We all remember important tsunamis that have occurred in recent decades, such as the one that devastated the coasts of Sumatra and Sri Lanka, back in December 2004 or the one in Japan that occurred in March 2011, which triggered the Fukushima nuclear disaster. The devastating effects caused by these phenomena are well known and we would like to be as far away as possible from them, but why are they? If you are curious to know it, in AgroCorrn we explain how tsunamis are formed . Keep reading!
What are tsunamis
A tsunami or tidal wave is a wave or a group of giant waves with great energy, created by sudden movements that occur on the seabed. The term tsunami is of Japanese origin and means “big wave in the port or bay”.
There are many that have been formed throughout history, but there is no doubt that the most recent ones have been really terrible natural disasters . We refer to those mentioned at the beginning, the one that occurred in Sumatra and Sri Lanka, in December 2004, and the one that occurred in Japan in March 2011.
Find out more details about the effects of the 2011 Japan earthquake and tsunami with AgroCorrn .
How tsunamis originate – simple explanation
First of all, to explain how tusnamis are formed , we must bear in mind that the Earth’s surface is made of huge plates, called tectonic plates. Some of them form the continents and others the bottom of the oceans. These plates move and slide slowly over the soft rocks of the mantle, located under the earth’s crust. There are occasions in which these plates due to their movement separate, and occasions in which they come together until they collide. These movements are the cause of phenomena such as earthquakes, volcanic eruptions or landslides.
Now, what does all this have to do with tsunamis? It is simple, when these movements that we discussed earlier are movements that occur in the oceanic plates , that is, at the bottom of the sea, marine earthquakes can form and, therefore, trigger a tsunami.
If you want to know the process in more detail, we will describe it below, take note.
The phases of a tsunami
Tsunamis evolve in three general phases :
This phase refers to the previous section in which the disturbance of the seabed occurs. The height that the waves can reach depends on various factors, such as the magnitude and duration of the disturbance, the speed or the depth of the sea.
In the case of the Sumatra tsunami, the plates gave way, causing the seabed to deform abruptly, producing an uplift that pushed the water upwards, forming a column 3 meters high when it formed.
In this stage, the energy that has been generated on the seabed due to the disturbance is propagated to the coast. On the surface, tsunami waves advance at great speed, which depends on the depth of the ocean; deeper, faster. Again taking the Sumatra tsunami as an example, as this one originated at 4,000 meters deep, its waves reached a speed of 700 km / hour.
Something characteristic of tsunamis is that as they approach the coast, the sea becomes shallower and the water recedes, leaving a hole in front of the water column. The waves grow in height and thickness, becoming giant waves .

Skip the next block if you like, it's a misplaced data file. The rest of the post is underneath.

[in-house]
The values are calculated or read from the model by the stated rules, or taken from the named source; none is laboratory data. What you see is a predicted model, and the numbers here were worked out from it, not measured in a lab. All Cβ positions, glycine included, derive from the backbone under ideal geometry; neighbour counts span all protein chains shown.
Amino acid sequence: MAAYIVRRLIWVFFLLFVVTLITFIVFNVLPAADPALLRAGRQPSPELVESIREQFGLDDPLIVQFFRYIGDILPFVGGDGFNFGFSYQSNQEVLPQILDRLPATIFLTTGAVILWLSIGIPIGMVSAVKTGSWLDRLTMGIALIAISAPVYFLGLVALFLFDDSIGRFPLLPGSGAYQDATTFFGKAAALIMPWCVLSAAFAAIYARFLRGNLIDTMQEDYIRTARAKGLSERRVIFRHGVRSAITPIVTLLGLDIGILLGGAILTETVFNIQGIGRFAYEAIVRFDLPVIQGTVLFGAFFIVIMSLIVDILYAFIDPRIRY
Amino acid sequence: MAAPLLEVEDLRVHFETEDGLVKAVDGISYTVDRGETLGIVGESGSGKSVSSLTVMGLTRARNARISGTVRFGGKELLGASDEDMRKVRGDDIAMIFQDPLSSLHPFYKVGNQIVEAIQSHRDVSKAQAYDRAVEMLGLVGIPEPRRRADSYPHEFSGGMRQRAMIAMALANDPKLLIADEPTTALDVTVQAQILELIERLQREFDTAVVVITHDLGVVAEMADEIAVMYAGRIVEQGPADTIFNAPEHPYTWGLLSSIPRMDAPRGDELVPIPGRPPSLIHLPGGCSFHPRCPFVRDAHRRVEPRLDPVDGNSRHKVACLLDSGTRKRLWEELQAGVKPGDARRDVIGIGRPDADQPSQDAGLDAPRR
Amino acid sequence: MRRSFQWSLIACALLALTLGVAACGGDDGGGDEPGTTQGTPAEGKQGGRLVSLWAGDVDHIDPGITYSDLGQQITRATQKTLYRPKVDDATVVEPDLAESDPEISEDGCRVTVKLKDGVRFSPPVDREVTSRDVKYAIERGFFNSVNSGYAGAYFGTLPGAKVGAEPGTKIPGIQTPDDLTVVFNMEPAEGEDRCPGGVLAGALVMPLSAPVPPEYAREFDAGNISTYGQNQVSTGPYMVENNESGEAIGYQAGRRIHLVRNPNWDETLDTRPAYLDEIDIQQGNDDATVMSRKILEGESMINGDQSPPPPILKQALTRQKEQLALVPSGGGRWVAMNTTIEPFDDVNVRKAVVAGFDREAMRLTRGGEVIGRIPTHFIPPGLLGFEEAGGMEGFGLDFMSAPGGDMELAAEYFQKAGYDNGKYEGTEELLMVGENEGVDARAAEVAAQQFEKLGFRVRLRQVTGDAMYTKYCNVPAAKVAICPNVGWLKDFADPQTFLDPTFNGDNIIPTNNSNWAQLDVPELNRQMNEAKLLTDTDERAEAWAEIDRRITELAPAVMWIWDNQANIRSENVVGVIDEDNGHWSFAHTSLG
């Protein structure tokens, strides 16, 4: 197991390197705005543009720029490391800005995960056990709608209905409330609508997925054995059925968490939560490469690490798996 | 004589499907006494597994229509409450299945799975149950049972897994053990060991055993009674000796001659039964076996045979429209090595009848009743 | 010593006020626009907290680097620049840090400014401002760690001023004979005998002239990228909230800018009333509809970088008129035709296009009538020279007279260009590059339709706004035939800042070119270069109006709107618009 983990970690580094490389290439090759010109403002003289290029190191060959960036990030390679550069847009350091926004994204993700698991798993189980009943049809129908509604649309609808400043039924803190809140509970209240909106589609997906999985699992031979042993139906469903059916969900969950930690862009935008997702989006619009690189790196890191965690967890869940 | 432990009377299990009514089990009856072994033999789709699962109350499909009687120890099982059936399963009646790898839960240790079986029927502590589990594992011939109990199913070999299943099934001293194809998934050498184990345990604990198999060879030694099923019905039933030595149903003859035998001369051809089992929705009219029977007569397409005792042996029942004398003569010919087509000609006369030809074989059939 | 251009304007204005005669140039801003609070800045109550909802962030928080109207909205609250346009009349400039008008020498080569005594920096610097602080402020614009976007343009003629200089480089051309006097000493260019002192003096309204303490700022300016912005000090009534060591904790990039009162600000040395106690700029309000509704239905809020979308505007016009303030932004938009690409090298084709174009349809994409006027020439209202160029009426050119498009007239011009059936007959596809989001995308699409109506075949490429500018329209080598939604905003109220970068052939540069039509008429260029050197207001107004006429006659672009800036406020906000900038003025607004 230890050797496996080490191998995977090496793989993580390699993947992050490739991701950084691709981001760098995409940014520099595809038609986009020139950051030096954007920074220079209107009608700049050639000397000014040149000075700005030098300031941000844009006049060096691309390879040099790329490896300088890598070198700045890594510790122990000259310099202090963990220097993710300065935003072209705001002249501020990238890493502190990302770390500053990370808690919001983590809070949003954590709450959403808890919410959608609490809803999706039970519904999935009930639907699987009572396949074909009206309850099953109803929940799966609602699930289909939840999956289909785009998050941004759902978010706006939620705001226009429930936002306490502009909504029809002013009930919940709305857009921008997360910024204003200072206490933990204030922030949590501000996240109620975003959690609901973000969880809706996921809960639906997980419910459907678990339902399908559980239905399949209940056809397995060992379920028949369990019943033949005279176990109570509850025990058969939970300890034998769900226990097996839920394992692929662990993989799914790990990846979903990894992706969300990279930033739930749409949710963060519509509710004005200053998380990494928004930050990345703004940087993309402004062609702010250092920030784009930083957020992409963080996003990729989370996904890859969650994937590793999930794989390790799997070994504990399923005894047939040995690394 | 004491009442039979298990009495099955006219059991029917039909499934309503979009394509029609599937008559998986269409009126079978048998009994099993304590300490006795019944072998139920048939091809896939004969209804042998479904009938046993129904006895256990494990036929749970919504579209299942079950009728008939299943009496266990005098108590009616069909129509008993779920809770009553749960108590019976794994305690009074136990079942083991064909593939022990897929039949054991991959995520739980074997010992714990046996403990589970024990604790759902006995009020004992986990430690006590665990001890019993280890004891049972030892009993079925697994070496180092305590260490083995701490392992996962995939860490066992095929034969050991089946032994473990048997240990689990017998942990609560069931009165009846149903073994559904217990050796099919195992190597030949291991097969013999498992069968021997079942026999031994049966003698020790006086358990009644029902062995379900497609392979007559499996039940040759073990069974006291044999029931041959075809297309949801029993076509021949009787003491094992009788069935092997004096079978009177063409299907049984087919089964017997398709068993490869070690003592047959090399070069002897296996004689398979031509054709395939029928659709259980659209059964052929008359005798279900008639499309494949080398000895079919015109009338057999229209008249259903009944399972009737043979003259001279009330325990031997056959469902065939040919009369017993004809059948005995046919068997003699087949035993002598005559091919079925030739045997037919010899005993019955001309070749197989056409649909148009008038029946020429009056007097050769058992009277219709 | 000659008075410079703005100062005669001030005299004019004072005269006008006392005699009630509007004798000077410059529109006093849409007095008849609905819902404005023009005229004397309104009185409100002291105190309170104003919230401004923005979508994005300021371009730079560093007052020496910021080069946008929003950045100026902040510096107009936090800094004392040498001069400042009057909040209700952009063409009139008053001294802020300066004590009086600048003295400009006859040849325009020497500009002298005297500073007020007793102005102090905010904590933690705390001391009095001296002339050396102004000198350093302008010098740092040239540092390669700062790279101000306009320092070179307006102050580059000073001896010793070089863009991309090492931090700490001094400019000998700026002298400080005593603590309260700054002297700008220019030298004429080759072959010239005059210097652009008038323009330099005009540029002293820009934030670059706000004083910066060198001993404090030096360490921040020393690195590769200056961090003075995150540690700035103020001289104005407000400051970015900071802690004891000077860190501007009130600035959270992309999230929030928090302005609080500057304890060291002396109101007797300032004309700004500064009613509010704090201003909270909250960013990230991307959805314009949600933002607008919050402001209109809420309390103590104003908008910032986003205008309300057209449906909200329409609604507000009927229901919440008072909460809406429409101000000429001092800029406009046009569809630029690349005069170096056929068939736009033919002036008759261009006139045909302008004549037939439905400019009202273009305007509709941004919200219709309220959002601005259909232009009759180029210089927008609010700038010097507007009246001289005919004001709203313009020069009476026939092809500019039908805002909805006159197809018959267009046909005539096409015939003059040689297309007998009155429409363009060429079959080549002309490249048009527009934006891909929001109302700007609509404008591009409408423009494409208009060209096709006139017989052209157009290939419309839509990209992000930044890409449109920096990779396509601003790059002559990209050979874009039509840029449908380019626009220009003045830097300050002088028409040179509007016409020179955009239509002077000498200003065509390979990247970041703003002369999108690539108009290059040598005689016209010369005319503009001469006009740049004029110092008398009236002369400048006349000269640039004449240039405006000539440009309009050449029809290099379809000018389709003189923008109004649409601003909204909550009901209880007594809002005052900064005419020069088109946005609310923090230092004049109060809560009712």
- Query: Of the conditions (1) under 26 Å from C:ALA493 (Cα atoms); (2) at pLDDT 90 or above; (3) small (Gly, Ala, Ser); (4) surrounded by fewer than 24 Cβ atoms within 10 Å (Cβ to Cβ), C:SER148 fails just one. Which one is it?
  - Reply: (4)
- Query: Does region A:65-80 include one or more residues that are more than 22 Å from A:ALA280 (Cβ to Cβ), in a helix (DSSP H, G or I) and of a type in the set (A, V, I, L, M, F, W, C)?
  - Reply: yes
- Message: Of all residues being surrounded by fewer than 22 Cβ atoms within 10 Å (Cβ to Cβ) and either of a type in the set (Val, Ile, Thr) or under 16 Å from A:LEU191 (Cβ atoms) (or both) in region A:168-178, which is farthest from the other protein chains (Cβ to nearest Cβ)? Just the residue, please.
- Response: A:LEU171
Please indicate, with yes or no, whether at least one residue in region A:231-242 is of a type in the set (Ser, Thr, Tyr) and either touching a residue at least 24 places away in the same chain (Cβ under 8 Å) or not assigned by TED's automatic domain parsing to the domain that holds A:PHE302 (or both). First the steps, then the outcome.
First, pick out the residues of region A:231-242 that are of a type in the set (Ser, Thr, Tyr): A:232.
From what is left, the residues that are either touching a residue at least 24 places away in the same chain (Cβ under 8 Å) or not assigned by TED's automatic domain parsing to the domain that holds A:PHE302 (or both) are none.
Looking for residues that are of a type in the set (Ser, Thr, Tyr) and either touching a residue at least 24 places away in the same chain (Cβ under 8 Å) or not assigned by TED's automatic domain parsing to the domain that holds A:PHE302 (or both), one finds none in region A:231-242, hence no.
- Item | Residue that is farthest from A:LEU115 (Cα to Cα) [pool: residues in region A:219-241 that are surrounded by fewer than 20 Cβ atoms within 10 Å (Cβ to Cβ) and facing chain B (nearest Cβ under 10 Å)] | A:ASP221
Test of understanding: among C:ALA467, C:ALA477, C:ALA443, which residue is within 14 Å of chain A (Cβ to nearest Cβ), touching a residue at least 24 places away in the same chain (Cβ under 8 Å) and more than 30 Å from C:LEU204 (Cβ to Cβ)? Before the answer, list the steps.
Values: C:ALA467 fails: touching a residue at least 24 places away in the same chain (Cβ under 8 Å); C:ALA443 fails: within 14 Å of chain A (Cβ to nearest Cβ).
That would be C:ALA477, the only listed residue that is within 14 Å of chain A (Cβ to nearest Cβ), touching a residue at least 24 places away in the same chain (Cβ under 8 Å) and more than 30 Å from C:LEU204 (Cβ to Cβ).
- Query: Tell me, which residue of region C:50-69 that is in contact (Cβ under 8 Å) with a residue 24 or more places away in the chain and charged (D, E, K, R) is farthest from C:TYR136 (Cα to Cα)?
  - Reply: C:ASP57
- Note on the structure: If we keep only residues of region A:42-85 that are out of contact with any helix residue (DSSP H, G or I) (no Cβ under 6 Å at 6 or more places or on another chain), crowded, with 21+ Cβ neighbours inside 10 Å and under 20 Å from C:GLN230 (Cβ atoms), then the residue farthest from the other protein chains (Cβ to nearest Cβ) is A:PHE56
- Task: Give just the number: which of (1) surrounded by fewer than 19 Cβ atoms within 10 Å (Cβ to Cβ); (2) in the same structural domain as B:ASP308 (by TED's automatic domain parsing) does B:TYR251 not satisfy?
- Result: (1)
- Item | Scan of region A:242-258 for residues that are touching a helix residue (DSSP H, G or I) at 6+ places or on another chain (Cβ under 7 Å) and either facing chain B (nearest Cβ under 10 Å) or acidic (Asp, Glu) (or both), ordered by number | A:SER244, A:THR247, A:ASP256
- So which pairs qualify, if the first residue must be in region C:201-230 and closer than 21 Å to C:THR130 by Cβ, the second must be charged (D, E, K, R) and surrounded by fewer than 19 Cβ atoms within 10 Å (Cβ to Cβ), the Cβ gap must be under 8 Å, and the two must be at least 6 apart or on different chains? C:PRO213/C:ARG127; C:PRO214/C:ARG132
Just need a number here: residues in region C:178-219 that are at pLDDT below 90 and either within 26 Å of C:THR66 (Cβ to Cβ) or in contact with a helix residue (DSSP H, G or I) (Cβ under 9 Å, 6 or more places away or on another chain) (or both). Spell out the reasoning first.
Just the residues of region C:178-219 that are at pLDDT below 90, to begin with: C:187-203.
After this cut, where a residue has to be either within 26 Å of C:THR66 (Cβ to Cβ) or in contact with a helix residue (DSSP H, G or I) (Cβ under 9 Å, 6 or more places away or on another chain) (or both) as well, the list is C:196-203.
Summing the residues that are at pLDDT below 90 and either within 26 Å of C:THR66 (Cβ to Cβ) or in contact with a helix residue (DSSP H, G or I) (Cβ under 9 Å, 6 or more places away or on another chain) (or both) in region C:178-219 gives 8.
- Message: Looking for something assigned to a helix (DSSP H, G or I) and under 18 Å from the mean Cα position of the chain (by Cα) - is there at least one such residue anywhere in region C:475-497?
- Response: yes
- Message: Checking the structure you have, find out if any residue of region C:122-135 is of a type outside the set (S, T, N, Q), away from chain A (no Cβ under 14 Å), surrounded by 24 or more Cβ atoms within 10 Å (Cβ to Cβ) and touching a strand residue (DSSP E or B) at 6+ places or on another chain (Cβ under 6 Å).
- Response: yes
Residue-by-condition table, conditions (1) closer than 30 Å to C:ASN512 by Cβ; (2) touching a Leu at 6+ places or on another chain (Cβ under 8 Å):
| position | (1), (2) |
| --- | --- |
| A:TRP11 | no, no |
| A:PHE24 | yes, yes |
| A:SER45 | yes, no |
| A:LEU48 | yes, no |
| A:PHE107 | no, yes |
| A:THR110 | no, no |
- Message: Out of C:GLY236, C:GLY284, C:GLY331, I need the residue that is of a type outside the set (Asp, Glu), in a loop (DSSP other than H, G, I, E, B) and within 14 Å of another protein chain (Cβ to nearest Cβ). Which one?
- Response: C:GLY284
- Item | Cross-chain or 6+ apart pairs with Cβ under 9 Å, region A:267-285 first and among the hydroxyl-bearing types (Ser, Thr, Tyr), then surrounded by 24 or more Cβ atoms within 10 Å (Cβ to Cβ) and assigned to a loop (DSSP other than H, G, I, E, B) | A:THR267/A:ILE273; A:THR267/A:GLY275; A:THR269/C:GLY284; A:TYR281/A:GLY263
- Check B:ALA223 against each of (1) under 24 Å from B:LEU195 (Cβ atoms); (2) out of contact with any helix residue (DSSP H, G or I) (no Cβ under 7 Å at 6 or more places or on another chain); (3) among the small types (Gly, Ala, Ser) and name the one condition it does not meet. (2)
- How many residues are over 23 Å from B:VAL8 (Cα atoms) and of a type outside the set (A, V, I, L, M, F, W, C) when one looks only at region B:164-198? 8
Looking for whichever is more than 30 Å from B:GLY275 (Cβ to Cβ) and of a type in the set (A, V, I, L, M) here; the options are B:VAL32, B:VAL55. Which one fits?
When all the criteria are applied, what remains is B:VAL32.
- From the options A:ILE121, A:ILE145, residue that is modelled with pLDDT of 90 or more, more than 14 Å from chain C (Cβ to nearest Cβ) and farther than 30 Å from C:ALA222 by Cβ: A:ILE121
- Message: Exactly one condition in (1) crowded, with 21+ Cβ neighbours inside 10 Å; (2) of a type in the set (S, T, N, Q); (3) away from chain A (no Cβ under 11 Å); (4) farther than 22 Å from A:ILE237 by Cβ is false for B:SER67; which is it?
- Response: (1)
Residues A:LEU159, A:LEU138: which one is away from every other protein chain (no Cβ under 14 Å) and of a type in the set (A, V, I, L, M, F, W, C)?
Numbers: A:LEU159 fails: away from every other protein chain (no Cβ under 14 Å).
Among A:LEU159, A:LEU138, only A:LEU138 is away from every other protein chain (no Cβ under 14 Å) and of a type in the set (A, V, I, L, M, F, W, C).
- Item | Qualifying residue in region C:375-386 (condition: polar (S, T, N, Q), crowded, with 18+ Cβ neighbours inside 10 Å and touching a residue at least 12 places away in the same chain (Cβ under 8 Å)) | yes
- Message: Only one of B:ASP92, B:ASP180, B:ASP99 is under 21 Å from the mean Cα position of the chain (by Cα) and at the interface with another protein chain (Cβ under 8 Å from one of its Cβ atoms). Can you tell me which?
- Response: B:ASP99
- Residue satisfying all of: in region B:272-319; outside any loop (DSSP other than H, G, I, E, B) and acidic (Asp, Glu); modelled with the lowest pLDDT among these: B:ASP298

The waves have reached their maximum size, 20 meters in the Sumatra tsunami. These reach the coast leaning towards it to later break and penetrate up to several hundred meters inland devastating everything in its path . Tsunami waves can arrive several minutes out of phase with each other.
How to prevent and protect against tsunamis
For our “peace of mind”, and we highlight it in quotation marks because when faced with phenomena of this caliber, our peace of mind lies in being able to detect them in time and be safe , since they cannot be avoided ; in the Pacific Ocean there are facilities dedicated to the detection of these tsunamis to limit the effects that may occur. These facilities to detect tsunamis have:
- A detector placed on the ocean floor that can detect a rise in the ocean surface of a few centimeters.
- Broadcast buoys anchored to the ocean floor to collect detector signals and send them to the satellite.
- The satellite, which captures the information provided by the buoy and transmits it to the tsunami warning center in Hawaii.
- A tide gauge that detects ocean level changes so that when the water recedes before the tsunami hits, it sounds the sirens.
- The seismological station: It is a laboratory equipped with seismographs that detect earthquakes. All stations are connected to the alert center.
- The Tsunami Warning Center, located on the island of Hawaii. All the information collected by seismographs, underwater detectors or tide gauges reaches this center. At the slightest sign of a tsunami, warning reports are sent to all countries exposed to the tsunami.
- Dams: In some islands of Japan these structures have been built to attenuate the energy of the waves of tsunamis.
Two other important points when it comes to protecting yourself against tsunamis are:
- Mangroves, areas planted with mangroves (woody shrubs or trees) that form a very dense vegetation along the coast and that play an important role when the waves break, slowing their force a little.
- Prepare the population. As soon as the sirens sound or the alert is notified by radio, the inhabitants flee inland, that is, away from the coast or go to high places.
After the Sumatra tsunami, the countries decided to create a warning center in the Indian Ocean. The first detection buoys were placed in July 2005.